Coda File System

Re: Coda development (rpc2 handshake / instance authentication)

From: Jan Harkes <>
Date: Fri, 6 May 2016 20:38:49 -0400
On Fri, May 06, 2016 at 08:59:15PM +0200, wrote:
> On Fri, May 06, 2016 at 11:48:57AM -0400, Jan Harkes wrote:
> > I would say that is a whole lot of levels of preventing to talk to the
> > wrong guy.
> Nice that this covers a whole lot of potential situations.
> Nevertheless, one example to the contrary:
> There is nothing preventing an update client to happily talk
> to a wrong update server instance if the ip is spoofed and "scm"
> data on some server hosts already are inconsistent
> (iow there is a possibility of error escalation or recovery prevention).

In that case I can put your mind at easy very easily.

- There is only one update server in a realm, so a client cannot
  accidentally talk to the wrong server within the same realm.
- The update clients and update server use the 'update token' as a shared
  secret to set up their connections.

So any accidential or malicious other update server that happens to take
over the same IP as the official update server will not possess the
shared secret to succesfully fool the update client. And if it does have
the right shared secret, a serverid isn't going to save anything here.

> > You are just handwaving about a 'server id' or 'instance id'. What is
> > this 'ID', a single 8 bit number what the Coda servers currently prepend
> > to volumeids? a 32-bit number? 64-bit? UUID? Maybe an X509 identifier?
> > Signed? How about a 4096-bit PGP public key.
> Of course this varies depending on the service and on the choice
> of the developer, which data is to be checked.
> In current upstream Coda vice rpc2 the reference to a particular
> server is the corresponding IP number; for update clients
> the reference is also an IP number, for different services can be any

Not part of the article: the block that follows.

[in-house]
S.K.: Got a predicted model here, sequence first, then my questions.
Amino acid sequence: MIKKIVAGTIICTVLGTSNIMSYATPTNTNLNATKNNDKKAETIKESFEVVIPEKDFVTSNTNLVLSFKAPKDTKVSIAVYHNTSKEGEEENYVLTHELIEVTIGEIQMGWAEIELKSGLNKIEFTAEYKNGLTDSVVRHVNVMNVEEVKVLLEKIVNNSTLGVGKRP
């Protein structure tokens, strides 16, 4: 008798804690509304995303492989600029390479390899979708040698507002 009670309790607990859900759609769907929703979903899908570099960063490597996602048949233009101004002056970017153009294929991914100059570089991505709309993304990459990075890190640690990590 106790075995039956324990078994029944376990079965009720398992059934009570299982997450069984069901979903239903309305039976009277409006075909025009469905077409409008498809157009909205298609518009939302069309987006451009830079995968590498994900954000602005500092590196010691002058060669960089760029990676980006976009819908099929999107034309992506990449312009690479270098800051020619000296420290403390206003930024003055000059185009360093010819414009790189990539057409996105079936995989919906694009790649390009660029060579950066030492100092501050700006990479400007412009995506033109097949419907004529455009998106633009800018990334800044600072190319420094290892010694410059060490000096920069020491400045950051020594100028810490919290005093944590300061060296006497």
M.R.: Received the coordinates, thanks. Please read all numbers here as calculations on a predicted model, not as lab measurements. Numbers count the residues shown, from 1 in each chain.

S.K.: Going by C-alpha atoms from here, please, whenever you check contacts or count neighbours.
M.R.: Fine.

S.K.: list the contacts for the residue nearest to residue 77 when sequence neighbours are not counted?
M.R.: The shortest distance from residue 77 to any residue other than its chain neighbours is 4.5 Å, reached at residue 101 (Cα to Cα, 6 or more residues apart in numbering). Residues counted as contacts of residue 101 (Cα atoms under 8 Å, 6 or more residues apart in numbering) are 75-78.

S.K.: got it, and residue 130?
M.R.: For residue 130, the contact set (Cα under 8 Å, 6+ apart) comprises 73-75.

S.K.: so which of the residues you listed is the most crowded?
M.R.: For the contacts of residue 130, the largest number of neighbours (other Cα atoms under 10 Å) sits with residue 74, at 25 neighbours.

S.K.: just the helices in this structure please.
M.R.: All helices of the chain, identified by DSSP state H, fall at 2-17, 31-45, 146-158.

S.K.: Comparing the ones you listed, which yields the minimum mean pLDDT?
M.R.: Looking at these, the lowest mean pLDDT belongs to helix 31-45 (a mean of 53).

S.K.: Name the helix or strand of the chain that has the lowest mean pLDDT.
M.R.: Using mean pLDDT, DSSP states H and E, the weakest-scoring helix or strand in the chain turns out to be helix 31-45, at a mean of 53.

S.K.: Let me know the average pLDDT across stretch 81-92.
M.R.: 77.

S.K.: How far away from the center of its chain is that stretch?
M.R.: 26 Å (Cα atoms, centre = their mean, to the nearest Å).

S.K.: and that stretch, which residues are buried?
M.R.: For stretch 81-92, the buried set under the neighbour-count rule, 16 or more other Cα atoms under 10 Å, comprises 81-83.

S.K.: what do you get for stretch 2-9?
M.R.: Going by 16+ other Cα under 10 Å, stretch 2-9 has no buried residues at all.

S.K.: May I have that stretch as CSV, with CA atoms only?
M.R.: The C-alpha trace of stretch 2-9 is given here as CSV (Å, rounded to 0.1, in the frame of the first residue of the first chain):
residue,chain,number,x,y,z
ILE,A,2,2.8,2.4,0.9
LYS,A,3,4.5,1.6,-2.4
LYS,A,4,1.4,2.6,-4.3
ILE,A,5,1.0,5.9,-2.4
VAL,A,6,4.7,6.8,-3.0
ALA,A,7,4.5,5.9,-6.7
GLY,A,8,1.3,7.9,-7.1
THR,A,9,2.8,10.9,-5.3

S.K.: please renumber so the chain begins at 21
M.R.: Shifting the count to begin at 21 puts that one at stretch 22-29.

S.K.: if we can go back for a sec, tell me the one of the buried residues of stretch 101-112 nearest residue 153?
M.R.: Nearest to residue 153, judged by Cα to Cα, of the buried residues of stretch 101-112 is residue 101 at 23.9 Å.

> information which the client uses for the purpose of distinguishing a
> service instance.
> E.g. a server f.q.d.n would do, as long as the server knows that it is
> to be contacted as this certain f.q.d.n.
> IOW depending on the service the id can be represented by any byte
> sequence, of "any" length, as appropriate for the service.
> This does not matter for the RPC2 layer. Given a pointer and the data length
> it can always hash the "id" data, which will be sufficient for comparison
> of the client's and the server's idea of the server identity.
> From my perspective this is not any more of a layering violation than
> CN checking in TLS.

TLS actually checks the common name in TLS, your server ids are some
opaque blob passed up the application and are not checked by RPC2. So
they can just as easily be implemented by adding a single RPC call right
after connection setup doing something like a 'GetServerId', and then
taking action in the client based on the result.

This is actually quite close to what Coda clients do when they connect
to Coda servers, they send an RPC request to 'bind' the connection to a
specific volume, if the server claims it does not have the volume the
connection is closed.

> > > Do you feel this would be expensive or risky? What would be the downsides,
> > > besides the corresponding API extension (adding a "server instance id"
> > > argument)?
> > Are you seriously still saying that after all that I wrote in my
> > previous email?
> Of course I was seriously looking for the answers.

Ok here is a simple answer. The server-id would probably end up as part
of the INIT2 packet, which then turns any Coda server into a source for
an amplification attack. Someone can send INIT1 packets from a fake
origin, which then result in some very large INIT2 sent to the victim.

If you move it to the INIT4, by then the connection is already set up
and it can just as well get sent as the first RPC on the new connection.

Received on 2016-05-06 20:39:00